George Eskridge was taken by Welsh traffickers to Virginia, where he worked on a plantation for 8 years. Eventually, he studied law in England, and returned to Virginia, where he became a politician.
Later, he adopted an orphan girl named Mary, whose parents had been his friends. (I was surprised to find that there was no formal legal process for adoption at that time, but George Eskridge and his wife Elizabeth raised Mary, until she was married.)
Of course, Mary would eventually name her first son George, in honor of her adoptive father. And in 1732, George Washington was born.
During our time in Fredericksburg, Virginia, Mei Ying and I visited Meditation Rock, where Mary Washington had prayed frequently for her son George. George Washington miraculously escaped death many times during America’s Revolutionary War. Many people credit his safety and his success to his mother’s prayers, there at Meditation Rock in Fredericksburg.
While we were there, I saw the gravestone of George Eskridge. I was very moved to learn about his story. His memorial stone is under a large tree beside Meditation Rock. The tree was planted in his honor, and symbolically “protects” the giant 50-foot granite memorial of Mary Washington.
Mary Washington was an orphan, who became the mother of America because of her prayers for her son.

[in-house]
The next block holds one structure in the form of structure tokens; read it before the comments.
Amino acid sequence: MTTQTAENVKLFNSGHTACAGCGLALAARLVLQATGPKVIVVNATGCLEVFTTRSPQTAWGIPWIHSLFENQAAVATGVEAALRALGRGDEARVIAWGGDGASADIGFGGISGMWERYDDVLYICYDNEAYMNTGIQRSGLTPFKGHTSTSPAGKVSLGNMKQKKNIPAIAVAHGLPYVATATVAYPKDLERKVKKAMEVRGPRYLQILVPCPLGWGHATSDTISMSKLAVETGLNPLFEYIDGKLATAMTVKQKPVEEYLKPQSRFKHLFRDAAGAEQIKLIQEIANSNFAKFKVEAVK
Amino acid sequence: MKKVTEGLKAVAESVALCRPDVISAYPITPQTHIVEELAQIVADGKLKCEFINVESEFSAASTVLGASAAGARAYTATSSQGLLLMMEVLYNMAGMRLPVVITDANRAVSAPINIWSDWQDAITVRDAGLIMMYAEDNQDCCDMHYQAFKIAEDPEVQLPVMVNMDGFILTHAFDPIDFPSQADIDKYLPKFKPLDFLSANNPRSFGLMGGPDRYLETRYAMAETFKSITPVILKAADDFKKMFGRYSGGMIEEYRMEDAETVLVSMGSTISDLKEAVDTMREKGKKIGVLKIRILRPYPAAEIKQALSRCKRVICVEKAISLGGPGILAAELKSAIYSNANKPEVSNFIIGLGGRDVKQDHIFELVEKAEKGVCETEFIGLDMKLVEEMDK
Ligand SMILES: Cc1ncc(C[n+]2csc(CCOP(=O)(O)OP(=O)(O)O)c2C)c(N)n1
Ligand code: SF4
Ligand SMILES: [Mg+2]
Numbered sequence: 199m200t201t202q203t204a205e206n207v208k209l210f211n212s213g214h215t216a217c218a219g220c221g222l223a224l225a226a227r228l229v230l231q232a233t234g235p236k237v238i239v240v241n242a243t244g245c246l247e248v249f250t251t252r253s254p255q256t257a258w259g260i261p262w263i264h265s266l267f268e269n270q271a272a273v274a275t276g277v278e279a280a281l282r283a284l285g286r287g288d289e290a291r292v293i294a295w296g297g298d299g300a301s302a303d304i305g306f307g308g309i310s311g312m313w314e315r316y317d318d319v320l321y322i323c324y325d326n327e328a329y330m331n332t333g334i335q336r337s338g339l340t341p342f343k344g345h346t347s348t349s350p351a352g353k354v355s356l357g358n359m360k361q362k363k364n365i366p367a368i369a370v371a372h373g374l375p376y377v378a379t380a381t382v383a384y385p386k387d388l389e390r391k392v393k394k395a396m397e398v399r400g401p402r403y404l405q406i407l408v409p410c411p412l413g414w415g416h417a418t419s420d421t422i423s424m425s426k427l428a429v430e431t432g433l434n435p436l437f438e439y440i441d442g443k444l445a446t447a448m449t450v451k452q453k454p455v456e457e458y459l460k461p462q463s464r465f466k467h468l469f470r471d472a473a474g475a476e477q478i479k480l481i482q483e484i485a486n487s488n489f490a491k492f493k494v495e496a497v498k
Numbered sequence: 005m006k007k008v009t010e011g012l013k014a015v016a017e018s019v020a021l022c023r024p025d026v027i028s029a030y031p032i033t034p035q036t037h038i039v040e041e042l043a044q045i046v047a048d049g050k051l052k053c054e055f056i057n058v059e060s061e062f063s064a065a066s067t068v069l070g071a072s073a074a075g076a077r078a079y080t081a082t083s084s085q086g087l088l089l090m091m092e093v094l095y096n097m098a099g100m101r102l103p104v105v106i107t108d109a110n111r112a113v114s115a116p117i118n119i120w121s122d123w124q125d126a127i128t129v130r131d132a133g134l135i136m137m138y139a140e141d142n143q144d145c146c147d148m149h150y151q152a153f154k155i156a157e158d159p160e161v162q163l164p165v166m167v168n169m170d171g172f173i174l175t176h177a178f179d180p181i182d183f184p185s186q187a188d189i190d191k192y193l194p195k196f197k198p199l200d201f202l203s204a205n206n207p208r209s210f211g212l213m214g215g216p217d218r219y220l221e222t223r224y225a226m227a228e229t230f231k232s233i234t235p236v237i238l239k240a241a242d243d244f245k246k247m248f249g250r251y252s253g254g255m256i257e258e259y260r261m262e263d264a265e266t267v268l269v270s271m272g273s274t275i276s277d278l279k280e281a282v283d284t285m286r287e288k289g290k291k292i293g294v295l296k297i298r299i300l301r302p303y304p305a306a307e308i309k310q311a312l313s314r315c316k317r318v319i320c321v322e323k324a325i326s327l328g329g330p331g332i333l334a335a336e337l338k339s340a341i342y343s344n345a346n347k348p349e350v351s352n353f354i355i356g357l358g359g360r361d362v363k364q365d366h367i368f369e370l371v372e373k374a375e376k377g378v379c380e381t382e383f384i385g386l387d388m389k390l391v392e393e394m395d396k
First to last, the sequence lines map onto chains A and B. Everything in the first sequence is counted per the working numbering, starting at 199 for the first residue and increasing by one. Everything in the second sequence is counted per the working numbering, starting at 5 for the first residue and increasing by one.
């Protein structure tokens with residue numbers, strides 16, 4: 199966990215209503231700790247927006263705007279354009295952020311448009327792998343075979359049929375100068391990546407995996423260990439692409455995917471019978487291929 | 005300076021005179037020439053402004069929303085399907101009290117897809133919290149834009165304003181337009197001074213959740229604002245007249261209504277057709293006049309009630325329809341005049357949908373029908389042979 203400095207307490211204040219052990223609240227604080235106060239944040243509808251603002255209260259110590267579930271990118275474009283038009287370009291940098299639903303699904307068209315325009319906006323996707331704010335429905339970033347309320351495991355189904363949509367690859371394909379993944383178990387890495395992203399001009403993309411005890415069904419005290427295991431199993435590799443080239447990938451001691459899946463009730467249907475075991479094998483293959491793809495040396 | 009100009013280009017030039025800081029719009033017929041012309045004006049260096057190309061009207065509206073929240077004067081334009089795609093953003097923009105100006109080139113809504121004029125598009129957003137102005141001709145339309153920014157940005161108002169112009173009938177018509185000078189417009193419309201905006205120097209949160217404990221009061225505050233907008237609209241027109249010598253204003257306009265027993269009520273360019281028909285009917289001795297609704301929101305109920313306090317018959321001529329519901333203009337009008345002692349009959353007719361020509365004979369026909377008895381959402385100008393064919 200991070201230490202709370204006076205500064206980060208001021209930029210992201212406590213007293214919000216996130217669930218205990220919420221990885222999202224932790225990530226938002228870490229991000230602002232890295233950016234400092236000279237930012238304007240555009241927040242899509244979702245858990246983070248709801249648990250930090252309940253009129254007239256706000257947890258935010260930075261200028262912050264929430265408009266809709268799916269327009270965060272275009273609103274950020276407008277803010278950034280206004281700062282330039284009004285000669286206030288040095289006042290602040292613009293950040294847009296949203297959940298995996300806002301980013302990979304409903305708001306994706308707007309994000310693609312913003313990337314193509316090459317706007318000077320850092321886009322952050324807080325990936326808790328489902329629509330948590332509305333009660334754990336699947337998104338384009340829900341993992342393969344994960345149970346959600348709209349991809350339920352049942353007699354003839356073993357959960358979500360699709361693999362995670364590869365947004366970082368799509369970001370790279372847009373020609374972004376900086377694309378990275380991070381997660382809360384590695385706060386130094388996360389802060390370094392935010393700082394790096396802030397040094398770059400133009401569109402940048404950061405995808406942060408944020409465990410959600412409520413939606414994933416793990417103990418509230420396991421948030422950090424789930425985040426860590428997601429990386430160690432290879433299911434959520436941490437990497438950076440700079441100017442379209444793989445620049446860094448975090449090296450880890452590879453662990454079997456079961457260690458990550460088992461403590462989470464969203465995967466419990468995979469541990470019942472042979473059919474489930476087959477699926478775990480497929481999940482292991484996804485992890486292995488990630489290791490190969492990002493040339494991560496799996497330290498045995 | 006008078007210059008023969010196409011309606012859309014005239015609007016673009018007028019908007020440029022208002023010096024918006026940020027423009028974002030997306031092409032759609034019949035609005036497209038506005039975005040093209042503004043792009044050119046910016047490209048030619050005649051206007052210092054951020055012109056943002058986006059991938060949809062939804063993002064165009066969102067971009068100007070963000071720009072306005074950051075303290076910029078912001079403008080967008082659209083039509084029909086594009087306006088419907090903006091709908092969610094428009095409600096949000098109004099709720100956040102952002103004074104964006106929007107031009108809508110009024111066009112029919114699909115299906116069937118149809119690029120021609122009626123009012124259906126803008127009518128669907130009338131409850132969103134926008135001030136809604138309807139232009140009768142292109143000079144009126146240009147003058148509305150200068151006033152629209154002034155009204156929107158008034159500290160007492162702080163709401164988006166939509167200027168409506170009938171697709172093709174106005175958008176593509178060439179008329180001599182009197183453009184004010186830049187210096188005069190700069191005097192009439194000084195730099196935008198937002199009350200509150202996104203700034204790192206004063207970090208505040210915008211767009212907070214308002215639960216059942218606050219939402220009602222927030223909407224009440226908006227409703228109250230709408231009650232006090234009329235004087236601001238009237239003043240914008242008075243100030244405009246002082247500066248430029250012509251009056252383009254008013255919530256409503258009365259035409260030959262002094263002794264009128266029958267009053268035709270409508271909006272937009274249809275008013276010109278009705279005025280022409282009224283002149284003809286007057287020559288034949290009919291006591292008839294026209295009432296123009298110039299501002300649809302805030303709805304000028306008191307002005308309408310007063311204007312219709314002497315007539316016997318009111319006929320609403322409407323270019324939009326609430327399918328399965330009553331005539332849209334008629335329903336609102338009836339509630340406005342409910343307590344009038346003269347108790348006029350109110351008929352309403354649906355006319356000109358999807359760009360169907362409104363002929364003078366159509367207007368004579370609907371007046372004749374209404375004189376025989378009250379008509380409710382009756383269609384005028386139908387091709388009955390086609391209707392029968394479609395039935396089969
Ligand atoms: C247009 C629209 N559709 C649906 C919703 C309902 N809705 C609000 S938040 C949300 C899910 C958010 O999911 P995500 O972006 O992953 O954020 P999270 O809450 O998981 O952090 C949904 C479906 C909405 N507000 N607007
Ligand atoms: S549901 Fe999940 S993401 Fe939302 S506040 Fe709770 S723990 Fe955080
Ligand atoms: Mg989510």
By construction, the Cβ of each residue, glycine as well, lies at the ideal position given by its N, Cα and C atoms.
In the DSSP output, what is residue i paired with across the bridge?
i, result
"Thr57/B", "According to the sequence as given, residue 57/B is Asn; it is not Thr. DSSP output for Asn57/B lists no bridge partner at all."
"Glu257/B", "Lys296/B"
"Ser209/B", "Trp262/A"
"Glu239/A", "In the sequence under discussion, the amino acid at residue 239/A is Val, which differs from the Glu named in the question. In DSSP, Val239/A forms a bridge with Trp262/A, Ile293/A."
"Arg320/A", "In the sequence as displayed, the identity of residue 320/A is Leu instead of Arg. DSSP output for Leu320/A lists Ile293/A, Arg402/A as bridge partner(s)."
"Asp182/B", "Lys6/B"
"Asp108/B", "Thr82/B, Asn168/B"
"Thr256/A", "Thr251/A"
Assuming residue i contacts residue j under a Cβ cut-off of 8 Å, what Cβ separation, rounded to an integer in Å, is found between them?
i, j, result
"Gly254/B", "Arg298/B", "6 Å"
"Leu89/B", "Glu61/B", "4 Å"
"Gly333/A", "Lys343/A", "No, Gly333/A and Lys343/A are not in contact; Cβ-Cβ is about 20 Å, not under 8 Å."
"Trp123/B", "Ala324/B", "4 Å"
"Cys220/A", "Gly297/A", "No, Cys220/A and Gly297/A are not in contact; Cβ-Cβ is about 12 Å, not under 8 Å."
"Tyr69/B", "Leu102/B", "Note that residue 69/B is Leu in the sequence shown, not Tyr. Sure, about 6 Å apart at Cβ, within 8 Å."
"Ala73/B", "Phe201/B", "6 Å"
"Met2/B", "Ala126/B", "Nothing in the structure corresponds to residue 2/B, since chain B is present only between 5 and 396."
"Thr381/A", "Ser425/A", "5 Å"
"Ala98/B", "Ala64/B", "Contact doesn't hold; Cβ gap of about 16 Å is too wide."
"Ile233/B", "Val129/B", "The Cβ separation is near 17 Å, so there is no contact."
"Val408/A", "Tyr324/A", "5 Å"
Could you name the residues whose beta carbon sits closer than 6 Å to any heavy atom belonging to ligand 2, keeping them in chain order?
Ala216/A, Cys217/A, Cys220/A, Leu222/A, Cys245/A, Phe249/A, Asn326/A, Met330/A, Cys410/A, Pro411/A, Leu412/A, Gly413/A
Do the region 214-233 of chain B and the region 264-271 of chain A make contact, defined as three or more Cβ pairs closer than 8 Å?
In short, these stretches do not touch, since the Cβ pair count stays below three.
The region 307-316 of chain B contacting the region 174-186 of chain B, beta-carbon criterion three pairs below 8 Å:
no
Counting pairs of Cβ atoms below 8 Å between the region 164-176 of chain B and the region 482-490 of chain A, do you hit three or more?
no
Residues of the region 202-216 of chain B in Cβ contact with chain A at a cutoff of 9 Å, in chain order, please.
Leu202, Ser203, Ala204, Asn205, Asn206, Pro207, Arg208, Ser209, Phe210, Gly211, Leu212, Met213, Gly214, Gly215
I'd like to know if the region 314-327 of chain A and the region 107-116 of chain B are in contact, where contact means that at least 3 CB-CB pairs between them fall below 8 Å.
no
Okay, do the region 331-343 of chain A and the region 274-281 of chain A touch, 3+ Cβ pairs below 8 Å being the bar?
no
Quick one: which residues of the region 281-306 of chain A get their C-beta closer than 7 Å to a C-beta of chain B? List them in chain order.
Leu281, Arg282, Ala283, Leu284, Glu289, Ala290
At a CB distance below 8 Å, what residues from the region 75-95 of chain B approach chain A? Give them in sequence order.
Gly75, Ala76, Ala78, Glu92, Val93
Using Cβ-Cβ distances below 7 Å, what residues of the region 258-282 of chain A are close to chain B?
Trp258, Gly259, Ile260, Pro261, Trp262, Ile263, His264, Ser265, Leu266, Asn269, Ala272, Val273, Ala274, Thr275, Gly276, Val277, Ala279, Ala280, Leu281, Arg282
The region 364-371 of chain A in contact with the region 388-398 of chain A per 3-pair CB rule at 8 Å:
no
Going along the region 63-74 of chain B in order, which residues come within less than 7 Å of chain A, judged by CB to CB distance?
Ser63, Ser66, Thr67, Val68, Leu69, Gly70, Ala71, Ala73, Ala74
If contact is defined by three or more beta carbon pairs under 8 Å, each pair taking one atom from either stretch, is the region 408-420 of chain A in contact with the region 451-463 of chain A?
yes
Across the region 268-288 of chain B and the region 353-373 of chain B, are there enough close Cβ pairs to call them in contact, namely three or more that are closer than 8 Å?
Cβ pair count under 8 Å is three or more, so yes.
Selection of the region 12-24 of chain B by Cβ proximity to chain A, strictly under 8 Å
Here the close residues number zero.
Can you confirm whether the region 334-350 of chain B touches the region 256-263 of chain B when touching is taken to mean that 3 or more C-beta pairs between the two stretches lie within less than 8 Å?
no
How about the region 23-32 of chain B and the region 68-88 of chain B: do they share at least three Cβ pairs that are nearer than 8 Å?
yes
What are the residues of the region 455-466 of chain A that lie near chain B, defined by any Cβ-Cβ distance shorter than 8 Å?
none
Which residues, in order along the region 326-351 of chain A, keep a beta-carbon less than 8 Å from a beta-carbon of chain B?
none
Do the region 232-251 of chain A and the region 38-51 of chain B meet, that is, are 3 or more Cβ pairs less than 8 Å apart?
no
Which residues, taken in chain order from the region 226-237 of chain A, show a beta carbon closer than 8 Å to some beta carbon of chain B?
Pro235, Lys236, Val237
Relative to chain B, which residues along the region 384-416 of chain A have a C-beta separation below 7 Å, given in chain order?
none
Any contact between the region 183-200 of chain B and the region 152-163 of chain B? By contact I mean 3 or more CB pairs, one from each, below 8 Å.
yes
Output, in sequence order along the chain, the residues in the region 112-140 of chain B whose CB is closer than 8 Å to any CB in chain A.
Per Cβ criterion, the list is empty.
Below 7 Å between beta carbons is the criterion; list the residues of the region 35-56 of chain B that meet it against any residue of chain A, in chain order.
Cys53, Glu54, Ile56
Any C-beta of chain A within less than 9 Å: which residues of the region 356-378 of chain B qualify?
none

George Eskridge was a trafficking victim, a lawyer, a politician, and a foster father/guardian. But, very little is known about him. This is a pity because, in a sense, he was the foster father of a nation.
America has a strong history of orphan care and adoption. Could this be one reason for it?
As much work as there still is to do in the adoption/foster care world, it’s worth remembering that it has been a long and complicated process for America (and many other Western nations) to make progress, both culturally and legally. Presumably the process will be difficult in East Asia, too, where adoption is still often a shameful thing, rather than something honorable. It will take a long and generous Christian witness to continue turning the hearts of parents to the orphaned and abandoned.